Despite my many issues with the franchise, I consider myself a fan of the X-Men movies. Sure, X-Men: Apocalypse was a bit of a let down, and the two earlier Wolverine movies were a lot of a let down. And there was the original third movie of the first trilogy that most of us would rather not speak of. But, in all, the franchise has delivered some stellar entries as well.
In fact, it can be argued that if not for the X-Men series, we wouldn’t have the slate of superhero movies that we currently enjoy.
Despite this, it is Logan that feels like the definitive X-Men experience.
The strength of the best X-Men stories have always been hinged on an introspective tone of society’s view of those rendered outsiders—something lightly explored in X2 and First Class, but brought to a scalding boil in Logan.
James Mangold spends the first act of the movie placing the ex-Wolverine smack in the middle of society in a way that he has never been, highlighting exactly how much of an outsider he really is. With the care-taking of a near senile Charles Xavier in his hands, and the extinction of all other known mutants, the facade of being an island is brought to a harsh and abrupt end when Logan is faced with the truth that he is far from being one of a kind.
With its light use of cast, Hugh Jackman, Patrick Stewart, and Stephen Merchant (as Caliban) easily carry the bleak future of mutantkind while maintaining a desert-dry level of humour that makes the movie enjoyable despite the serious tone.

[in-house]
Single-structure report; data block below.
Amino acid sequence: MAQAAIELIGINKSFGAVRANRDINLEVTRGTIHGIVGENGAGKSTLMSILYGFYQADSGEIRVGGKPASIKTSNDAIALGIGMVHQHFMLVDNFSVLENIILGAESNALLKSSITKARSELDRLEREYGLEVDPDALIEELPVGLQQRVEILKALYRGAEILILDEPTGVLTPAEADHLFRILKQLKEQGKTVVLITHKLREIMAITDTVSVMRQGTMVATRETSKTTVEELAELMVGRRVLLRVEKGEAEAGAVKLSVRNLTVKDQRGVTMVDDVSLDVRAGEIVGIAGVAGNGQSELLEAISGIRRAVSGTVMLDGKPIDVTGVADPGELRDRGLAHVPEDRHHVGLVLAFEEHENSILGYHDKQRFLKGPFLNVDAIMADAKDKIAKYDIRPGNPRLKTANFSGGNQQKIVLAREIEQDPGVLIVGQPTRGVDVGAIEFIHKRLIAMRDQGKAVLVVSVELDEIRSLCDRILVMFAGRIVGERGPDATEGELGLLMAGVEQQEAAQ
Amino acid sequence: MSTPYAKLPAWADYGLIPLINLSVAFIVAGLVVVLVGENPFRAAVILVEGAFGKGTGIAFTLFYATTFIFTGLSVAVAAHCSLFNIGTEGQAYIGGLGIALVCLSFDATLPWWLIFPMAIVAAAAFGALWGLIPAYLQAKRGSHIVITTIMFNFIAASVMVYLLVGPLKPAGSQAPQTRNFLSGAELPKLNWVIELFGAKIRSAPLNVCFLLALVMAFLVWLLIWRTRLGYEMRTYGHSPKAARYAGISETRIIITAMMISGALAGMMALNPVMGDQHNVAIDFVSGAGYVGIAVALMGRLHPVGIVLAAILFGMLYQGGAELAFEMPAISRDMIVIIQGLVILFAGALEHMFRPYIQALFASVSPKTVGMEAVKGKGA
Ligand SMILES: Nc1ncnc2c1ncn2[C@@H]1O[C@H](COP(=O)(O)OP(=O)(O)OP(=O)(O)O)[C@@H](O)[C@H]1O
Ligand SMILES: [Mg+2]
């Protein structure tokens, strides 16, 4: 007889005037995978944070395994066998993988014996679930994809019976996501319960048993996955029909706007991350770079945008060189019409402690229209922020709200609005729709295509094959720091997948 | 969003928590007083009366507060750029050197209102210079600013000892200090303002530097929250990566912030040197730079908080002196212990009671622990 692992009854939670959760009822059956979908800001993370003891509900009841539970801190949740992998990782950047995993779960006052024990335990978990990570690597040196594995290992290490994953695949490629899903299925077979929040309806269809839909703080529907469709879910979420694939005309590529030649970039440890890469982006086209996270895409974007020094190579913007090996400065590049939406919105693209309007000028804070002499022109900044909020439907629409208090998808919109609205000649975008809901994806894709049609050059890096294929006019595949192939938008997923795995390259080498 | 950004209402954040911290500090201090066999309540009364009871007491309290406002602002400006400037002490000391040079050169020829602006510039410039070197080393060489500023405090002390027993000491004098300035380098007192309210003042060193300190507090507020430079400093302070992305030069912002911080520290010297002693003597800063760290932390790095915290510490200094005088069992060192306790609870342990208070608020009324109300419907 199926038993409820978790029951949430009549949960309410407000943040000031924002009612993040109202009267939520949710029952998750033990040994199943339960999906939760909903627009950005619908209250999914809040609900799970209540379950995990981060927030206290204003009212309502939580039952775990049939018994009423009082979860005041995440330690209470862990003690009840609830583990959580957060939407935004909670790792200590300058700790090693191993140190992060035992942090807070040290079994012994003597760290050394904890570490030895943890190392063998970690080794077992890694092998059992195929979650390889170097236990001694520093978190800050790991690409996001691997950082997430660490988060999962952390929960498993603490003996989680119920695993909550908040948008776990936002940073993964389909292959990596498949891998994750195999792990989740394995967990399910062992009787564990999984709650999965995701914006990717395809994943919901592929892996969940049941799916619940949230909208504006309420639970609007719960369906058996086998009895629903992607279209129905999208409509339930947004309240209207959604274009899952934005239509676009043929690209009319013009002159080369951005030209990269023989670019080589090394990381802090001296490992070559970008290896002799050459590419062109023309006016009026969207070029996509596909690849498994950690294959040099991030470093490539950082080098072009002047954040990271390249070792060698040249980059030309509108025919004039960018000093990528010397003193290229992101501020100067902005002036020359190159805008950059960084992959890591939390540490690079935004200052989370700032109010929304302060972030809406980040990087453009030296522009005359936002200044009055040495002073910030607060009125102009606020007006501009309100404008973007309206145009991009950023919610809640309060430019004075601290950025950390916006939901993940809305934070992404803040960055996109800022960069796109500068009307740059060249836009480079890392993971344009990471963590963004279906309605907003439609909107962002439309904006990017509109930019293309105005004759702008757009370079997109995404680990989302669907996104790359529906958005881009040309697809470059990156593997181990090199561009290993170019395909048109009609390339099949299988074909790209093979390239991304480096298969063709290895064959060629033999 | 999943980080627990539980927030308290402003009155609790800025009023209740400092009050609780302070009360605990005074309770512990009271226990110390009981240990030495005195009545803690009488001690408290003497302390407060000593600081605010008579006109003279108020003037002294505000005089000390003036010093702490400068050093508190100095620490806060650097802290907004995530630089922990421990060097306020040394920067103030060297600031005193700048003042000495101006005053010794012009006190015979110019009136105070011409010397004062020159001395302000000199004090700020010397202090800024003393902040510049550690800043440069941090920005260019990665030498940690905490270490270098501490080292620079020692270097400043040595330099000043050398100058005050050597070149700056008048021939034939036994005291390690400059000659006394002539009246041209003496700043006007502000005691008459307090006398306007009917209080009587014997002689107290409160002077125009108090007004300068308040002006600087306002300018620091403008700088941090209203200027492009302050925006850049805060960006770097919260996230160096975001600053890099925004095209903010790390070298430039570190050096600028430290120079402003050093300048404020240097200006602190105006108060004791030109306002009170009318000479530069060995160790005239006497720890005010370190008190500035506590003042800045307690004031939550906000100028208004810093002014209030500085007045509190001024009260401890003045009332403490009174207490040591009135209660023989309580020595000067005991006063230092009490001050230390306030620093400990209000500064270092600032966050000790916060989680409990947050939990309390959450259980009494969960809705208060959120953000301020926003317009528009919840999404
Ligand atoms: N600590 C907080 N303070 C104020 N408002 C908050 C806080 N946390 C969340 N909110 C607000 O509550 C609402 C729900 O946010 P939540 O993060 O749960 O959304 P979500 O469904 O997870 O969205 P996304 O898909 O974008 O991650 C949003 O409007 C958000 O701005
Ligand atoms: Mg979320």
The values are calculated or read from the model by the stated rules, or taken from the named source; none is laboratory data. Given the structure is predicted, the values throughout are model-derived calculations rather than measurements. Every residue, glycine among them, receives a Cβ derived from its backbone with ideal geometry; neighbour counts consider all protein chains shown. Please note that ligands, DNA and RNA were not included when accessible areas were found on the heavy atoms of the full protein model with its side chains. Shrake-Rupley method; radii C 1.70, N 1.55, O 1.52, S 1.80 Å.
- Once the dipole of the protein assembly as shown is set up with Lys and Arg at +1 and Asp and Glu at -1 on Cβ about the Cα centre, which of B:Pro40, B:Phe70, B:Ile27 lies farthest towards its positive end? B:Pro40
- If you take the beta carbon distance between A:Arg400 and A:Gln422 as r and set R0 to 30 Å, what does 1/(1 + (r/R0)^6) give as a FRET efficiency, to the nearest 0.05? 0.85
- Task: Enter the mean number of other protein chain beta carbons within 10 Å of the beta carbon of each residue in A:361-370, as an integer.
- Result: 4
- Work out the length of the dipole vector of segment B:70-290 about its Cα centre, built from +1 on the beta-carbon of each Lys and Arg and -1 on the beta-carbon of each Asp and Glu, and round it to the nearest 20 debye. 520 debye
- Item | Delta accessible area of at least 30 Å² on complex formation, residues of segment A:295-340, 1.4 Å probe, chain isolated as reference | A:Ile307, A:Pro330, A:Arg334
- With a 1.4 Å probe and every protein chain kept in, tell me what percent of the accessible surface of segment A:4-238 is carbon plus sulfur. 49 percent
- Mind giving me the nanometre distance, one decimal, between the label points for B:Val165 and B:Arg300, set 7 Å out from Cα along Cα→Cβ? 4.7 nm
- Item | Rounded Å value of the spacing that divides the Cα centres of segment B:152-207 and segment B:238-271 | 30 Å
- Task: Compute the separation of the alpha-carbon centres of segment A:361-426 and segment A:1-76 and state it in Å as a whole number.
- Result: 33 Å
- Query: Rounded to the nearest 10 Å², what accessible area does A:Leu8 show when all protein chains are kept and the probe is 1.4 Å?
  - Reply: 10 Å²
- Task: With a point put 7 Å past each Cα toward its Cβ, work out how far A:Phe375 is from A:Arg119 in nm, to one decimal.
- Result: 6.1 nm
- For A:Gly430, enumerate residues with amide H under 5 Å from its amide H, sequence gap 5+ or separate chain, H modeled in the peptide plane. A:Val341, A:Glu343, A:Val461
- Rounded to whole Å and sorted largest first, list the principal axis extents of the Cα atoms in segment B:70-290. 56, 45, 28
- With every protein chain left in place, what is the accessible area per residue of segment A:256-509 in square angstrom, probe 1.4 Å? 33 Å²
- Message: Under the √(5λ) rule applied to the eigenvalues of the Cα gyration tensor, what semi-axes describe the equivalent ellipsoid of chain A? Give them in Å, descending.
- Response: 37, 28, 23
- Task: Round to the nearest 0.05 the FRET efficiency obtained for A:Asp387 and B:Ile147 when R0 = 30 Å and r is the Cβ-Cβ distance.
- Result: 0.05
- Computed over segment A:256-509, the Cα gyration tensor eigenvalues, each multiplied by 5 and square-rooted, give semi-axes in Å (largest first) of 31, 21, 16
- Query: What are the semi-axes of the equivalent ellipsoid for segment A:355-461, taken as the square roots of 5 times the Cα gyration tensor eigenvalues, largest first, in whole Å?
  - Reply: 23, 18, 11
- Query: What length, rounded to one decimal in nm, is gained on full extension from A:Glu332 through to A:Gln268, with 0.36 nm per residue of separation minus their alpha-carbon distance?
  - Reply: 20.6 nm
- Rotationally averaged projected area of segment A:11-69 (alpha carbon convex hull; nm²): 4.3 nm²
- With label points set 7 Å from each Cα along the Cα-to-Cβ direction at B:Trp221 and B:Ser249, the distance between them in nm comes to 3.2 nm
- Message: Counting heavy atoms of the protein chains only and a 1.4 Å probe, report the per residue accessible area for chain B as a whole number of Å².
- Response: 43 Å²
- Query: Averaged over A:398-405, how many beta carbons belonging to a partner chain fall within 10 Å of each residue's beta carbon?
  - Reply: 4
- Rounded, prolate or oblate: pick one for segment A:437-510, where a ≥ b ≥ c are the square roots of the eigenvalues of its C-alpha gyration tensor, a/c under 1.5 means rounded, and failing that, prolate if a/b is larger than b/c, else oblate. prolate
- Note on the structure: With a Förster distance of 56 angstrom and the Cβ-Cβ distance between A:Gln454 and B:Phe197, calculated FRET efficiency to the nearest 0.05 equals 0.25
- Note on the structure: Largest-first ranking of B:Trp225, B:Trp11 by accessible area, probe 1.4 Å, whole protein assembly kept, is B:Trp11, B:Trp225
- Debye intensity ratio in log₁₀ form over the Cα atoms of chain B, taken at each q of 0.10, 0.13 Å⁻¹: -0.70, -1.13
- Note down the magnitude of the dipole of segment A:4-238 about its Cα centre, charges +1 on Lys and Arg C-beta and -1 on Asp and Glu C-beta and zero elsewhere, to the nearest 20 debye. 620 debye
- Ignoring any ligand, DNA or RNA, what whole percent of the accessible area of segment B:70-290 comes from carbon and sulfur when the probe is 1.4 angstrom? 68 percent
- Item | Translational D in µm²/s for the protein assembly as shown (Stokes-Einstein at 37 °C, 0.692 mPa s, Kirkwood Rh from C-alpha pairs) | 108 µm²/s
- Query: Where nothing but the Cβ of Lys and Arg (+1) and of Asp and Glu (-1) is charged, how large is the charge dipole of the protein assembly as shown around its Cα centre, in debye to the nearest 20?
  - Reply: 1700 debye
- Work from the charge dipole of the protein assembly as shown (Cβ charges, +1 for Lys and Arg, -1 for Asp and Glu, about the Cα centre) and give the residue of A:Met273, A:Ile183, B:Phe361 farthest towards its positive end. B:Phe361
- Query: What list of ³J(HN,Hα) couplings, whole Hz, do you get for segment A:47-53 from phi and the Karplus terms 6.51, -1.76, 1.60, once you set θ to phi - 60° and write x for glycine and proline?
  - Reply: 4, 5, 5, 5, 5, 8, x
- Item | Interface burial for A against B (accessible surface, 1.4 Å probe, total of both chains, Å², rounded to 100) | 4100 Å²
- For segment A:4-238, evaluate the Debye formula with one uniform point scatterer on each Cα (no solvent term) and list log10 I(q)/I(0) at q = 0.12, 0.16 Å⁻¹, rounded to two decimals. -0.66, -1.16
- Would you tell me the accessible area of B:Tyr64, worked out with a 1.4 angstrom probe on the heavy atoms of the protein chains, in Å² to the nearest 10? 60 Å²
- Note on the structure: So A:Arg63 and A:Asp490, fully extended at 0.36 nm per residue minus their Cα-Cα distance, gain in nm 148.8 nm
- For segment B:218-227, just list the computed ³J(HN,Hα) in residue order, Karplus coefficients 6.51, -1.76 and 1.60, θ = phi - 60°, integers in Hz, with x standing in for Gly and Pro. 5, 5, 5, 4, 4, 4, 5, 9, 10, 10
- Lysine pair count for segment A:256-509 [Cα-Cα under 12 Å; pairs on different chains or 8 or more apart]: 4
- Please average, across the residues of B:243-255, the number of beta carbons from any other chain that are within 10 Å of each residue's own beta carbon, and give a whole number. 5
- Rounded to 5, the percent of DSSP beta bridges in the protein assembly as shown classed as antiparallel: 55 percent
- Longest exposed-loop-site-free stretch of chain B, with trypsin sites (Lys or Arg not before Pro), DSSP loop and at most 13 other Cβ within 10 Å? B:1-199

It is Dafne Keen, however, as Laura Kinney/X-23, that steals the show with a raw ferocity and brutality that is… actually kinda disturbing. If anyone ever thought that Kick-Ass was pushing the envelope with Chloe Moretz’s Hit-Girl, they’re about to be given a very M18 awakening.
Special mention has to be made of Boyd Holbrook’s Donald Pierce—the only X-Men movie villain outside of Magneto to singularly pose a believable threat without resorting to the bells and whistles of Barakapool or the Silver Samutron, or by wielding the mighty ability of putting the audience to sleep a la Apocalypse.
The main takeaway from Logan, however, has to be the significant improvement in the quality of the final product when the studio basically backs down and allows the creative team to do what what they set out to do. Given that this was essentially the same group of people behind 2013’s The Wolverine, the drastic difference can only be attributed to their creative freedom.
Guess Wolverine owes Deadpool one.
And till the next one comes along, au revoir to the men we have long known as Charles Xavier and Logan.
Logan makes his way to cinemas on March 2nd.
Feel the Hurt.